Why do we celebrate Tu B’Shevat? Unlike other holidays, it is neither mentioned in the Torah, nor does it commemorate a historic event. What exactly are we celebrating?

The Mishnah1 explains that there are four heads of the year, four dates on the calendar when the yearly cycle begins anew for specific purposes:2

The first of Nissan is the new year for kings and for festivals. In the olden days, documents were often dated counting from the reign of the monarch. Now, when does the first year end and the second one begin? It would have been highly inconvenient to use the actual anniversary of his coronation, since not everyone knew the date, and every king had a different date of ascension. Thus, the first day of Nissan served as that day. No matter when a king was crowned, his first year ended and his second year began on that day.

The first of Elul is the new year for the cattle tithe, but according to Rabbi Eliezer and Rabbi Simeon, it is on the first of Tishrei. A Jewish farmer is obligated to tithe his livestock, consecrating every tenth animal. But all ten animals counted must be born in the same year. So when does one group end and another one begin? The first of Elul (or according to some, on the first of Tishrei).

The first of Tishrei is the new year for years, for Sabbatical years and Jubilees, and for the planting of trees and herbs. This is our beloved Jewish New Year, Rosh Hashanah, which we celebrate by hearing the shofar, praying, and feasting on sweet foods.

The first day of Shevat is the new year for trees, according to the school of Shammai, but the school of Hillel says it is on the fifteenth of the same month. Like cattle, 10% of our fruit must be tithed, and we must not tithe fruit from one year together with fruit of another. So when does one arboreal year end and another begin? The halachah follows the school of Hillel, which teaches that it was on 15 Shevat (Tu B’Shevat).

Rabbi Levi Yitzchak Schneerson shares several teachings regarding the yearly cycle and its various heads:

Three or four heads?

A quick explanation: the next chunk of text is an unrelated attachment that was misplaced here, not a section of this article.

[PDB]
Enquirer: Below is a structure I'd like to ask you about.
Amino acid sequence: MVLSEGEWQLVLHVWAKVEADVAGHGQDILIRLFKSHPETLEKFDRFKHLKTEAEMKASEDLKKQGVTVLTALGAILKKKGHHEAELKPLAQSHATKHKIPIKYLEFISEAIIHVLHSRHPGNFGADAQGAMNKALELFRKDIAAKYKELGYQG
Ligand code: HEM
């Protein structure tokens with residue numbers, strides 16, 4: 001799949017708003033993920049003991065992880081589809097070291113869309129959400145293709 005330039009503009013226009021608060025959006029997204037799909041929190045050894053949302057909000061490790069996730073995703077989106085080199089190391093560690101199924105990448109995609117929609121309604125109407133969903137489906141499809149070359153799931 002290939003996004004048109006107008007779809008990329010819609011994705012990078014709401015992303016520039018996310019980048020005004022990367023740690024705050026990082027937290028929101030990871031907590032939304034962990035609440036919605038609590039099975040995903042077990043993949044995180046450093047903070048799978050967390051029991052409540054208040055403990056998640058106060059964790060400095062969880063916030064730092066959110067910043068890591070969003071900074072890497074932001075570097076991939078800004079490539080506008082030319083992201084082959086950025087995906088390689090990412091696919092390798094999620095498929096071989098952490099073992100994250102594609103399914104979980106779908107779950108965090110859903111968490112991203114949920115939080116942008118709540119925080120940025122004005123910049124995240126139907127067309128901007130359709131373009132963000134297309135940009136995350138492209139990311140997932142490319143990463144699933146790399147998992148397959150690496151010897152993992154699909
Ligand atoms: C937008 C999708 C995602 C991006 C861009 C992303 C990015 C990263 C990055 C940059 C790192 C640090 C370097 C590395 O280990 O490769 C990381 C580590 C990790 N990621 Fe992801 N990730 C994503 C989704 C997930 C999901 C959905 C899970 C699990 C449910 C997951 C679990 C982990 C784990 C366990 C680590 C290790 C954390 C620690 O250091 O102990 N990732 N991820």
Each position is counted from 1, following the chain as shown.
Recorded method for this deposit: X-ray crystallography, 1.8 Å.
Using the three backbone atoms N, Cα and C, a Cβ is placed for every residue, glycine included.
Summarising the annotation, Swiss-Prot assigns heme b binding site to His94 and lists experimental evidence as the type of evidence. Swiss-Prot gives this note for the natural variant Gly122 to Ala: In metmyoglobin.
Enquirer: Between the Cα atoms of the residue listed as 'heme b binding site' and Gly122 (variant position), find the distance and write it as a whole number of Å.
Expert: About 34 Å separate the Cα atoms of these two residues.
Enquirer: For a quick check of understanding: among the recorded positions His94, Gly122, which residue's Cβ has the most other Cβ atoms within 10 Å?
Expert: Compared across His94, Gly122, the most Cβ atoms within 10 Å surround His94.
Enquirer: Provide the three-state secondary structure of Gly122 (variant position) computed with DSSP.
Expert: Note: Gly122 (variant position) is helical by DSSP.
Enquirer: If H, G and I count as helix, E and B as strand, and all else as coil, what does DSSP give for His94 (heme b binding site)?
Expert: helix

The Mishnah states that there are four heads of the year. Yet, according to Rabbi Eliezer and Rabbi Simeon there are only three (since they combine the first of Elul with Tishrei). Rabbi Levi Yitzchak points out that this ambiguity is reflected in the letter shin, which is linguistically similar to the Hebrew word for “year,” “shanah. While we are most familiar with the shin with three heads, it sometimes appears with a fourth head. For example, the tefillin we wear on our heads has a three-headed shin on one side, and a four-headed shin on the other—appropriately reflecting the shanah, which has either three or four heads.

Twelve or thirteen months?

Jewish years are not all the same length. Most have 12 months. But every few years, there is a “leap year” with a 13th month that helps us keep the lunar and solar cycles in sync. This same elasticity is seen in the 12 Tribes of Israel, which come from the 12 sons of Jacob. At first glance, there seem to be only 12 tribes. But in fact, Jacob split the tribe of Joseph into two, when he “upgraded” his grandsons, Ephraim and Manasseh, to be like sons to him. This brings the count up to 13. But then we have the Tribe of Levi, which was not granted any land in Israel, which is often seen as a separate entity, not counted among the tribes, bringing the count down to 12 again. Thus, the Tribes of Israel are both 12 and 13—just like the months of the year.

This is seen on a deep mystical level as well. The year is connected to the letter vav of G‑d’s ineffable name (the explanation for this connection is beyond the scope of this article). Now, the letter vav is often spelled out as וו, which has the numerical value of 12 (6+6). But other times, it is written as ואו, which has the value of 13 (6+1+6).

Scripture at Age Five

The sages instituted that five years of age is the appropriate time to begin learning Scripture. At that point, a child may have mastered the Hebrew letters and vowels and is ready to read the Torah. The Hebrew word for “year,” “shanah” (שנה), has the numerical value of 355 (which is exactly how many days some Hebrew years have). After five years, a child acquires a total of 1,775 (355x5). Now take the letters of the alphabet, and add up their numerical value—with aleph worth 1, bet worth 2, all the way to tav being worth 400—and you will arrive at a grand total of 1,775.

What, you tried it, and you only arrived at 1,495? Of course, you also need to add in the value of the five final letters, and you will arrive at the right number.

Tu B’Shevat Insights

Back to the new year of the trees. While there is disagreement with regards to the date, all agree that this event takes place in the month of Shevat. Rabbi Levi Yitzchak writes that the word “Shevat” (שבט) has exactly the same numerical value as “ilan” (אילן), the Hebrew word for “tree.”

How can that be? Shevat adds up to 311 (300+9+2), and ilan only reaches 91 (1+10+30+50)!

The solution is to let the tree spread its branches a bit. Take every letter and spell it out in full:

Letter Full Spelling Full Value
א אלף 111
י יוד 20
ל למד 74
ן נון 106

Now add up 111+20+74+106, and you arrive at 311, exactly the same value as the month of Shevat.


Igrot Kodesh p. 414.

Torat Levi Yitzchak p. 366.

Rabbi Levi Yitzchak’s personal diary.

Igrot Kodesh p. 413.